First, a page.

Design for health and wellbeing is a burgeoning field of research and study. Here’s how building design impacts wellbeing & the spa experience.
The built environment of a hotel, spa, or wellness business will have a big impact on people’s experience in that building and even a direct impact on their health and wellbeing. The architects and designers creating these spaces have much to take into account, going beyond the simple safety and practicality of a structure and into its potential impact on our breath, sleep, stress levels, mood, and more.
Design for health and wellbeing is, in fact, a burgeoning field of research and study, interest in which is said to be growing since the onset of the COVID-19 pandemic. We have been spending more time thinking about the design of our living environments, but also about our work, play, healthcare and vacation environments. When and why should we leave the safety of our homes for another building and what will be the impact when we do?
The growing interest in wellness-focused design
From office spaces and schools, to retail spaces, restaurants, hotels, resorts, and spas, how the people inside those spaces feel can have a make-or-break impact on the successful realization of their intended purpose.
Research indicates that wellness-focused design may contribute to increases in employee productivity, morale, teamwork, and retention. In hospital and healthcare settings, architects and stakeholders are coming together to incorporate principles of social design into the built environment in a bid to improve patient outcomes.
The design of your spa will impact the guest experience and the results of your service offerings. Air quality, noise filtering and acoustics, lighting, and the sounds and colors that you incorporate will have an impact on how people feel in that space.
Design influenced by a rich history can add an experience and enhance the journey. Working with the lines and story of an existing space will inform and influence the story of how a guest feels in that space.
For example, Bathhouse, in Williamsburg, Brooklyn, is located in a transformed 1930s soda factory. The space, designed by Manhattan firm Verona Carpenter Architects, houses a restaurant and subterranean spa influenced by Scandinavian saunas, Turkish hammams, and Russian banyas.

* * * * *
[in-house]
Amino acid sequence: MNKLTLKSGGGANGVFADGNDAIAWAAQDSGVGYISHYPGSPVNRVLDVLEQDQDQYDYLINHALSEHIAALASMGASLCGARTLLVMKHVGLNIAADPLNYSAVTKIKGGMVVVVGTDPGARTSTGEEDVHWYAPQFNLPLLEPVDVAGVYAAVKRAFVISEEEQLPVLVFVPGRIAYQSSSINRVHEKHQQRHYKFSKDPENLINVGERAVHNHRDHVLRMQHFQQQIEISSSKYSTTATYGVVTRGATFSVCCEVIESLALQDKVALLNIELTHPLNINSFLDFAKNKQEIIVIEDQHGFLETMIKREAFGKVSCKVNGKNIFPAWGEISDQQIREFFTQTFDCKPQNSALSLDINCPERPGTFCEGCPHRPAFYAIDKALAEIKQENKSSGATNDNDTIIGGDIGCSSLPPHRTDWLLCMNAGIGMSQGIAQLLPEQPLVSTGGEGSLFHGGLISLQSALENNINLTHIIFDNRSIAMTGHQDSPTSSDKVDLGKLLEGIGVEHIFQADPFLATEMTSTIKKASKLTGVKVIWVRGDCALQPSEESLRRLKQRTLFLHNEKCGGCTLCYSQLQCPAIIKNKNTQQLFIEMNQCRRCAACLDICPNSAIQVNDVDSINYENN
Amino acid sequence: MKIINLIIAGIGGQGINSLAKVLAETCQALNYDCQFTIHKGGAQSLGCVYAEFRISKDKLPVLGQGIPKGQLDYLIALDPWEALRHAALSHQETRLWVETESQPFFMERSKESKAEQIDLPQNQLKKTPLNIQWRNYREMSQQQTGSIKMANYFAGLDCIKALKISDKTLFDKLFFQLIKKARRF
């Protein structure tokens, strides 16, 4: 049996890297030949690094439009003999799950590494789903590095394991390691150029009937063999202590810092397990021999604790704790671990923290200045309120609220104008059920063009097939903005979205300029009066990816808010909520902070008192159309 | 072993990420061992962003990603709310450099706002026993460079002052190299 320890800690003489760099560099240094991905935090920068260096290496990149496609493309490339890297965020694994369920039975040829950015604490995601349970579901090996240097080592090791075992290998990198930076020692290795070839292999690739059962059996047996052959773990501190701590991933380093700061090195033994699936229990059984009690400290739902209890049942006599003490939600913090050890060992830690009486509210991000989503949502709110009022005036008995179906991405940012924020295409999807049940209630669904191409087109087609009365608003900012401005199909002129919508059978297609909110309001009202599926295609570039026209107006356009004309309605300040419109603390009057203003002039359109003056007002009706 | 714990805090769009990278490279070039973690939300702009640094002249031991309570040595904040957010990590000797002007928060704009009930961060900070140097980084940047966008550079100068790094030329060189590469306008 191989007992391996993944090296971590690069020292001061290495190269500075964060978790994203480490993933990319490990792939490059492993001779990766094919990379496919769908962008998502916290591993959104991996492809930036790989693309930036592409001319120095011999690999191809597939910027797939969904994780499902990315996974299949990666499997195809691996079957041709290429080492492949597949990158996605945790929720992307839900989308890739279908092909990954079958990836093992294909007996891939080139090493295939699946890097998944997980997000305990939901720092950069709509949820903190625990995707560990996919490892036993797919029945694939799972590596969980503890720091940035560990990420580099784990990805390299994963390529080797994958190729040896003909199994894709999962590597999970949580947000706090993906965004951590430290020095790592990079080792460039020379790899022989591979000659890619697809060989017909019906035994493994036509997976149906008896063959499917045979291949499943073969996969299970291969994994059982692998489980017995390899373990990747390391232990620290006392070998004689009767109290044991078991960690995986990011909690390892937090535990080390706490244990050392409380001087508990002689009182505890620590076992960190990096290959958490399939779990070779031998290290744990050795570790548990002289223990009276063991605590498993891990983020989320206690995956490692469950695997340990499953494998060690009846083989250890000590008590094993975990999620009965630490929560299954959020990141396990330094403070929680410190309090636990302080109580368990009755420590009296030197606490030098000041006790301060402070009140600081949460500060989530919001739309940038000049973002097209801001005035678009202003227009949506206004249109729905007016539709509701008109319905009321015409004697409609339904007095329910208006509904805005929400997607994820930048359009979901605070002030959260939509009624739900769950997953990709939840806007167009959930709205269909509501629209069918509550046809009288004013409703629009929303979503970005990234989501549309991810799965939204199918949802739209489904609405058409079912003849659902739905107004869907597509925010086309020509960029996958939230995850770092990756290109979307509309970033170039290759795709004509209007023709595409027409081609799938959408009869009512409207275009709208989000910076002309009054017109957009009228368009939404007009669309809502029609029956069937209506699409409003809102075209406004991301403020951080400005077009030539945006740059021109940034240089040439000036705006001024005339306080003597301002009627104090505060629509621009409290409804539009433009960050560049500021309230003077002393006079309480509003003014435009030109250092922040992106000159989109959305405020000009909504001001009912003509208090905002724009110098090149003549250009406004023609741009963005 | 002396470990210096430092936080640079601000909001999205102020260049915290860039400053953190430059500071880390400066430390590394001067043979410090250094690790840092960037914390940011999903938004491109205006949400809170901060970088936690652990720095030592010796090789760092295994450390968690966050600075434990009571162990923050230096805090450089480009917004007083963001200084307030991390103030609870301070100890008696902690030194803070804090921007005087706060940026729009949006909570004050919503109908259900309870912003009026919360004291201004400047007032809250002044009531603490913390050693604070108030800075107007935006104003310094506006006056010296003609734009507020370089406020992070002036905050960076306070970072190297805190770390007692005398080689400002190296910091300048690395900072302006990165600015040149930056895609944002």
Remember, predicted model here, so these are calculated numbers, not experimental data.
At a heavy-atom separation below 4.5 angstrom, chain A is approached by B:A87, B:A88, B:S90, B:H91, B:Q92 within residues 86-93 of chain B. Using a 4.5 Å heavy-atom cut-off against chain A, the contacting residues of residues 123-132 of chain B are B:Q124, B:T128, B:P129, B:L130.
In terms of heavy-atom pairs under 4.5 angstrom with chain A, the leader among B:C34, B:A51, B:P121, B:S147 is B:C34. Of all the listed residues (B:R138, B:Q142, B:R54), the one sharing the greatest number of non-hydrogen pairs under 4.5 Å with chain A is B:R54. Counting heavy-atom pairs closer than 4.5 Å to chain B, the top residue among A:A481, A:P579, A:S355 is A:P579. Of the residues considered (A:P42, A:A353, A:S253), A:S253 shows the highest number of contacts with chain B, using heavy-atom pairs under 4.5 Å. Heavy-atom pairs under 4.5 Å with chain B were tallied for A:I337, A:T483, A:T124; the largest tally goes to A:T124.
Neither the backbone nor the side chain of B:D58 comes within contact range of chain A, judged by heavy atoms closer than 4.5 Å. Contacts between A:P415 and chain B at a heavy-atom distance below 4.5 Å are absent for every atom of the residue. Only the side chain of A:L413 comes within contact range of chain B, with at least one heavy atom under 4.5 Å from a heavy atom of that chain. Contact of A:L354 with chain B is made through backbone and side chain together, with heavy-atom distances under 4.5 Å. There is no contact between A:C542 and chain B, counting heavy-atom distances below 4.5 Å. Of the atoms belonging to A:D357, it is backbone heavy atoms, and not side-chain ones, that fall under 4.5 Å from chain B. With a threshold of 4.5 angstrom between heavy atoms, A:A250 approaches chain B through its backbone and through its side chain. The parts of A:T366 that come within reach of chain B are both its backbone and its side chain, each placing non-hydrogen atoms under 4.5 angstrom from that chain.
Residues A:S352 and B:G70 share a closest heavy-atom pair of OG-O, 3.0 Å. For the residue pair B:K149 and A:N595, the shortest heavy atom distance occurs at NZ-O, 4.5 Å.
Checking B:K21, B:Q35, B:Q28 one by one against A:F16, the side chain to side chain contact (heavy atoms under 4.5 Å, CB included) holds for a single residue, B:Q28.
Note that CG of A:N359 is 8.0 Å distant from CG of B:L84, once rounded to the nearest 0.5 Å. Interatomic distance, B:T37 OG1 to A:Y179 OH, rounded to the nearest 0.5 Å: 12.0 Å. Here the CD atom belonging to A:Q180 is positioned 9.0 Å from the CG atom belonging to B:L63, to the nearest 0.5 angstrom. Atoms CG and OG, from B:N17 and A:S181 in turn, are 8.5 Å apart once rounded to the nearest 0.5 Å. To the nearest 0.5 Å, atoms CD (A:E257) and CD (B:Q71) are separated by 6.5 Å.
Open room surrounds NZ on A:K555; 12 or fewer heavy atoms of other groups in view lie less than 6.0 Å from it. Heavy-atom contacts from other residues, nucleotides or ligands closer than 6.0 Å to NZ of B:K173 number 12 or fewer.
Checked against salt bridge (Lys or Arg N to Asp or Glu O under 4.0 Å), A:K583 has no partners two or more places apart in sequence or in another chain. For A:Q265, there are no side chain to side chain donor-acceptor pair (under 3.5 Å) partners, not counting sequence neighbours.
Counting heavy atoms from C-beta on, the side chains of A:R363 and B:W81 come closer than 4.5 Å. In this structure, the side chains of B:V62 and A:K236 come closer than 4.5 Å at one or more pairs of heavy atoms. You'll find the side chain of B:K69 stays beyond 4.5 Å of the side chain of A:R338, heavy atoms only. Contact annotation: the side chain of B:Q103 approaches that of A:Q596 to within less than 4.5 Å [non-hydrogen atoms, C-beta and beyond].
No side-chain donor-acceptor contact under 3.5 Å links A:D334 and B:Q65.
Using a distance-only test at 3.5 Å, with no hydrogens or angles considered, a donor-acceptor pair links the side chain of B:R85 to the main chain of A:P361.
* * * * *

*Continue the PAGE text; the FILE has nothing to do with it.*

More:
Bathhouse has been lauded for its unique design that stays true to the building’s heritage. Dezeen reported that the 600-square-metre underground spa features original brickwork, geometric matte-black tiles, and a custom tile mural by illustrator Amit Greenberg depicting an Ancient Roman-inspired bathing scene.
And, let’s not forget how things smell. What people smell in your space is of the utmost importance. Interestingly, new research suggests that vanilla is the most loved smell in the world.
Incorporating natural elements into design, including plants and water features may have a positive impact, as exposure to nature is said to enhance wellbeing and health outcomes.
More aspects of wellness design include whether furniture is actually comfortable, rather than simply nice to look at, and places for social gathering, as people have always craved community.
Spas should be welcoming and relaxing environments, while fitness areas must not be too sleepy, but rather, lend themselves to motivation. It’s a lot to think about.
The built environment and interior design of your spa affects your team too
And your guests are not the only people to consider. You want your staff to feel comfortable, at ease, motivated to provide the best service, and you want them to be happy when they come to work. The spaces where they rest, rejuvenate, and eat, should be among the top concerns. Comfortable seating and appropriate lighting matter. Your team members also need windows and plants, where possible.
Blurring the lines between indoors and outdoors is among the best strategies, so people can sit in the sun and breathe fresh air whenever possible, and another increasingly popular design strategy.
Bill Bensley’s designs are excellent examples of this. Among them are the Khmer Tonic Spa at the stunning Shinta Mani Wild in Cambodia, which is just two treatment rooms nestled amid giant natural rocks in the forest canopy.
Though most spa directors and managers are unlikely to be designing a spa themselves, an understanding of wellness design principles employed in your space will help you optimize their efficacy. Take note of the elements that create and contribute to particular experiences and positive spaces – a smell, a color, a soft fabric, and the light coming through a particular window – to enhance a tranquil or memorable moment.
Spa Executive is published by Book4Time, the leader in guest management, revenue and mobile solutions for the most exclusive spas, hotels, and resorts around the globe. Learn more at book4time.com